A Lot or a Little?
What you will—and won't—find in this TV show.
Entertainment is the goal here, not education.
Turbo learns that his speed doesn't always guarantee victory, so he turns to his friends for advice when he needs it. Despite some mild stereotypes (mostly in the form of accents), it's a plus that the few human characters are culturally diverse. Recurring themes include the power of positive thinking as well as reminders to never give up and to not judge a person (or snail) by how he looks.
Positive Role Models
Turbo is confident and optimistic, and he never backs down from a challenge. His friends bring unique skills to the mix, and the series format allows each one to shine at some point. Turbo learns that being a renowned racer doesn't make him a big shot on every course, and he learns to accept guidance from others when they're the experts.
Violence & Scariness
Many of the villains come across as mean and intimidating, and they make threats against Turbo, his friends, and their home. Cartoon-style violence includes snails and insects getting crushed, characters crashing into objects at high speed, and some hitting and punching.
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Sex, Romance & Nudity
One very affectionate female snail often kisses her boyfriend, leaving lipstick marks on his cheek.
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Rarely "dang." Some potty humor including farting noises.
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Products & Purchases
The series continues the story of characters introduced in the feature-length Dreamworks film, Turbo.
Parents Need to Know
Parents need to know that Turbo FAST is an animated series that continues the story of a speedy racing snail and his friends introduced in Dreamworks' Turbo. Many of the show's themes revisit those of the movie -– including self-confidence and doing what you love –- and additional focus is given to the characters' friendships and how they help each other out of jams. Each episode presents a new villain, some of whom can be menacing, and there's always the potential for crashes, falls, and crushing blows, but no one seems to suffer long from the impact. Silly bathroom humor (poop jokes, farting noises, and the like) are sure to keep kids' interest.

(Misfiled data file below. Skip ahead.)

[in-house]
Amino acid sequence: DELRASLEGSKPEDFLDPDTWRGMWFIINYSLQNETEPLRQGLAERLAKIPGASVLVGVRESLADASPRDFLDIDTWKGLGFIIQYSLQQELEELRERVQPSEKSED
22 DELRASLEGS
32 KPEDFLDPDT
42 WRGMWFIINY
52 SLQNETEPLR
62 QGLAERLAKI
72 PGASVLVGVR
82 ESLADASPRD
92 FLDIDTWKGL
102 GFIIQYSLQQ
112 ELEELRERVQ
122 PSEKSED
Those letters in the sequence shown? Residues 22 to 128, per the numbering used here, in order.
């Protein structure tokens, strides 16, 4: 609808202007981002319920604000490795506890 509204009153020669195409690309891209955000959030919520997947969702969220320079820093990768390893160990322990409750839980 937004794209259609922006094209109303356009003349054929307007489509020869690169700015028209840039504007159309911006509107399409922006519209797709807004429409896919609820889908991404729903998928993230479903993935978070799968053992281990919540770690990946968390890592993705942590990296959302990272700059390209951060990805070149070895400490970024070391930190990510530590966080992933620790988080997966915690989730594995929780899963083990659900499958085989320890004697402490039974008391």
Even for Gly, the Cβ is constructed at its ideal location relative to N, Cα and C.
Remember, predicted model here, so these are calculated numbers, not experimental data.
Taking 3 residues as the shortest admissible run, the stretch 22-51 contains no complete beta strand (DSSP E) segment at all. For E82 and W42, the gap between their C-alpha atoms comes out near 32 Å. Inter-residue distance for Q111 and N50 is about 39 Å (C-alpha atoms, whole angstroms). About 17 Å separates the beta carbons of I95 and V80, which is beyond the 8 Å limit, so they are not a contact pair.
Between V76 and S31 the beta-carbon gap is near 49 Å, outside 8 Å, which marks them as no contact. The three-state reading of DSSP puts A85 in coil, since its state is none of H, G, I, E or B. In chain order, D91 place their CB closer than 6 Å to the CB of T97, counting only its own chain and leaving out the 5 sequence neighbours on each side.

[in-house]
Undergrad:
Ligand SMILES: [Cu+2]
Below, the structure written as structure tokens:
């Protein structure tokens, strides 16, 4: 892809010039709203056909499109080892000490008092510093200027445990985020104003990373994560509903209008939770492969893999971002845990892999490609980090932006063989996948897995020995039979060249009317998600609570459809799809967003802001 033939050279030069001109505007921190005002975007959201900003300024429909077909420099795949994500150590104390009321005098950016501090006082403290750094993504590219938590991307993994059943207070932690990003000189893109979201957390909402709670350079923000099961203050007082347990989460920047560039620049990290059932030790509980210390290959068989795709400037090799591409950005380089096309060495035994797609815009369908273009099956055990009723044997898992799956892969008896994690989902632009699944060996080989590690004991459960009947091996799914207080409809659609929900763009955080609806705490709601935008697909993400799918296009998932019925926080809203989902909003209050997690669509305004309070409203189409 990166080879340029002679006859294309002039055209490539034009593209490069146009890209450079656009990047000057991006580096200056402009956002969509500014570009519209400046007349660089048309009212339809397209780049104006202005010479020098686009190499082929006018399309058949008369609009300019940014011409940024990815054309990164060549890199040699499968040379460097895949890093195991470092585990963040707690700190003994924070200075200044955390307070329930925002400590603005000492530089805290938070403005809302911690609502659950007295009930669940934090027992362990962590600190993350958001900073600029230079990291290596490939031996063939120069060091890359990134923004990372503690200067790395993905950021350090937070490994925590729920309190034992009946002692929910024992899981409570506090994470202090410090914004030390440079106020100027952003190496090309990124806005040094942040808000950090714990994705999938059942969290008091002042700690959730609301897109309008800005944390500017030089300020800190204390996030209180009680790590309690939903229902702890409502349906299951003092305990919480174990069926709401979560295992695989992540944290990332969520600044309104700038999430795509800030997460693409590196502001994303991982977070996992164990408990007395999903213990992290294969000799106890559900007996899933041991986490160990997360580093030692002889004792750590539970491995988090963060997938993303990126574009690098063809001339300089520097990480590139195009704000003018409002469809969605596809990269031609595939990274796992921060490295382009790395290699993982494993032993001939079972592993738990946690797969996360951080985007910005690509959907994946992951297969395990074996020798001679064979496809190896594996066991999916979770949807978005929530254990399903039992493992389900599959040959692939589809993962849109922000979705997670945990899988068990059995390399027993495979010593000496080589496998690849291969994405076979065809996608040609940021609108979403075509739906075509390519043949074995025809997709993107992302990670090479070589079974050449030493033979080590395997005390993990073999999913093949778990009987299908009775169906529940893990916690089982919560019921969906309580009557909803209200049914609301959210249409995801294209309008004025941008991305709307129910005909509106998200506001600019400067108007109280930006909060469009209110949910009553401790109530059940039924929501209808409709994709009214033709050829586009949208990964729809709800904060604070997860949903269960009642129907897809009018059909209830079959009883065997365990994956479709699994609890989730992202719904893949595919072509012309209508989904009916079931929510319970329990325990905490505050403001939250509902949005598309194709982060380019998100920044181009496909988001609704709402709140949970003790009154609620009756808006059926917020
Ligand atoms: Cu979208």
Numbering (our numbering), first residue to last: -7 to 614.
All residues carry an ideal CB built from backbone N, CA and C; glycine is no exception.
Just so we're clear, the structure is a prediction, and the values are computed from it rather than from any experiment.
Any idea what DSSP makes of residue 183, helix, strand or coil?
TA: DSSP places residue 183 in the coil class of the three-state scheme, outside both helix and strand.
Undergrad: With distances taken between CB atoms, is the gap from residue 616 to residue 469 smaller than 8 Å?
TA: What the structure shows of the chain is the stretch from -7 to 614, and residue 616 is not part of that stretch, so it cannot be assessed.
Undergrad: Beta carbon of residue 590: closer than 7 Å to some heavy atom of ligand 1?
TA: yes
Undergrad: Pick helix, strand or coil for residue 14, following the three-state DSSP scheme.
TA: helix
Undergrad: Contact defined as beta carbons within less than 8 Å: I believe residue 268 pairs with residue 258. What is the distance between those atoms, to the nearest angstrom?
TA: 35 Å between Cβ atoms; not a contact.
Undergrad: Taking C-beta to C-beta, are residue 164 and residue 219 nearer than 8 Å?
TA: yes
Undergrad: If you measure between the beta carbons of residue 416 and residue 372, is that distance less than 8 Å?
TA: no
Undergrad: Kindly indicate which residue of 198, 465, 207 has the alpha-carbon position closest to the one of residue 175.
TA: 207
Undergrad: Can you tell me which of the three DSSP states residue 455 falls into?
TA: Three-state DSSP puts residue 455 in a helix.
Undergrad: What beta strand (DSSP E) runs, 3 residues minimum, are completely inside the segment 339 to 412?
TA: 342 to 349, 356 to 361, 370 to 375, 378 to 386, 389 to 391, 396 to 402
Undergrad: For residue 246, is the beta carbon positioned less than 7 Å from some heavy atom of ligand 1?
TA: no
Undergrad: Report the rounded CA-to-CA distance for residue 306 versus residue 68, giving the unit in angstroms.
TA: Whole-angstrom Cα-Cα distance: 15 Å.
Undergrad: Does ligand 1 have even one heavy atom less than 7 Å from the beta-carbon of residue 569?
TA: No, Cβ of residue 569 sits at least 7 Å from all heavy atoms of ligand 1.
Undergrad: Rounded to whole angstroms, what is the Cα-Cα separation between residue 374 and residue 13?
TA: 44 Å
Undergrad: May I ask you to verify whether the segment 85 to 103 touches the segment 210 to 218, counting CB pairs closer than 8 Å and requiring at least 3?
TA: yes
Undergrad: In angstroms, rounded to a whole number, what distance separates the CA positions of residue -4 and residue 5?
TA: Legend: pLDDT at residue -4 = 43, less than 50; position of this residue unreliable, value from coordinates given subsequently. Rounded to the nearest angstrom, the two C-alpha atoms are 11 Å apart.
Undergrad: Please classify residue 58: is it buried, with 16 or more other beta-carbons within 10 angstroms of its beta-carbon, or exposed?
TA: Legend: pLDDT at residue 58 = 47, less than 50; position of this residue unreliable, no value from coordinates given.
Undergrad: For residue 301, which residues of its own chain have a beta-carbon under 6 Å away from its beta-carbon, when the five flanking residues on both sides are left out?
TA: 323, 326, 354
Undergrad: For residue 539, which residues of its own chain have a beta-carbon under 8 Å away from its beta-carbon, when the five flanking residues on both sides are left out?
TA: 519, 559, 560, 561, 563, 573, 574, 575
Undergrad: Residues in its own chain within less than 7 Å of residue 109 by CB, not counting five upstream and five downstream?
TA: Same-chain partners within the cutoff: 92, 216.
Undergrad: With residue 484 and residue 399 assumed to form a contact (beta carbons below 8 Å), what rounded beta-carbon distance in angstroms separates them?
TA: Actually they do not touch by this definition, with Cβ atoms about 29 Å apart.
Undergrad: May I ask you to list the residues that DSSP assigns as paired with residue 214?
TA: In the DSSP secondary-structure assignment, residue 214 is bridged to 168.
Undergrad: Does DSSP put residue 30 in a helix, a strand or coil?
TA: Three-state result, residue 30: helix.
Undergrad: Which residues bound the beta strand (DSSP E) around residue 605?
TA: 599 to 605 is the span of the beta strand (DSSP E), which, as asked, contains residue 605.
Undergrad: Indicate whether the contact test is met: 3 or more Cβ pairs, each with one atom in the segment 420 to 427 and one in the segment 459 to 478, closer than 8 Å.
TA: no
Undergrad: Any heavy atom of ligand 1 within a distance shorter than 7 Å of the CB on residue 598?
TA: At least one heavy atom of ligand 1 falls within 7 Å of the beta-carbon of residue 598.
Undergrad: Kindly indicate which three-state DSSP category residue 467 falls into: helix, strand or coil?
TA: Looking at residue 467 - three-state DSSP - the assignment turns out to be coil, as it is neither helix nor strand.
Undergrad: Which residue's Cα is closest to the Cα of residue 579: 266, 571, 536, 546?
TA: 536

Is It Any Good?
Everybody loves a good underdog story, and a snail who dreams of racing fame is about as unlikely as they come. But, as we saw in Turbo's feature-length story, there's more to this mollusk than meets the eye, and that doesn't change now that he's settled back in at home. Turbo still doesn't let others push him around, and he's not intimidated because of his size. No matter who comes to town to challenge him, he puts up a good fight and usually winds up besting his opponent because of his can-do attitude. What stands out even more prominently in this series, though, is how Turbo benefits from being part of a team.
After the computer-animated movie, Turbo FAST's more subdued animation style feels a bit flat, and only a few of the original cast members reprise their voice roles in this series. But all the familiar faces are still there, and they're as silly as ever, so kids are sure to be pleased with the series overall.
Did we miss something on diversity?
Research shows a connection between kids' healthy self-esteem and positive portrayals in media. That's why we've added a new "Diverse Representations" section to our reviews that will be rolling out on an ongoing basis. You can help us help kids by suggesting a diversity update.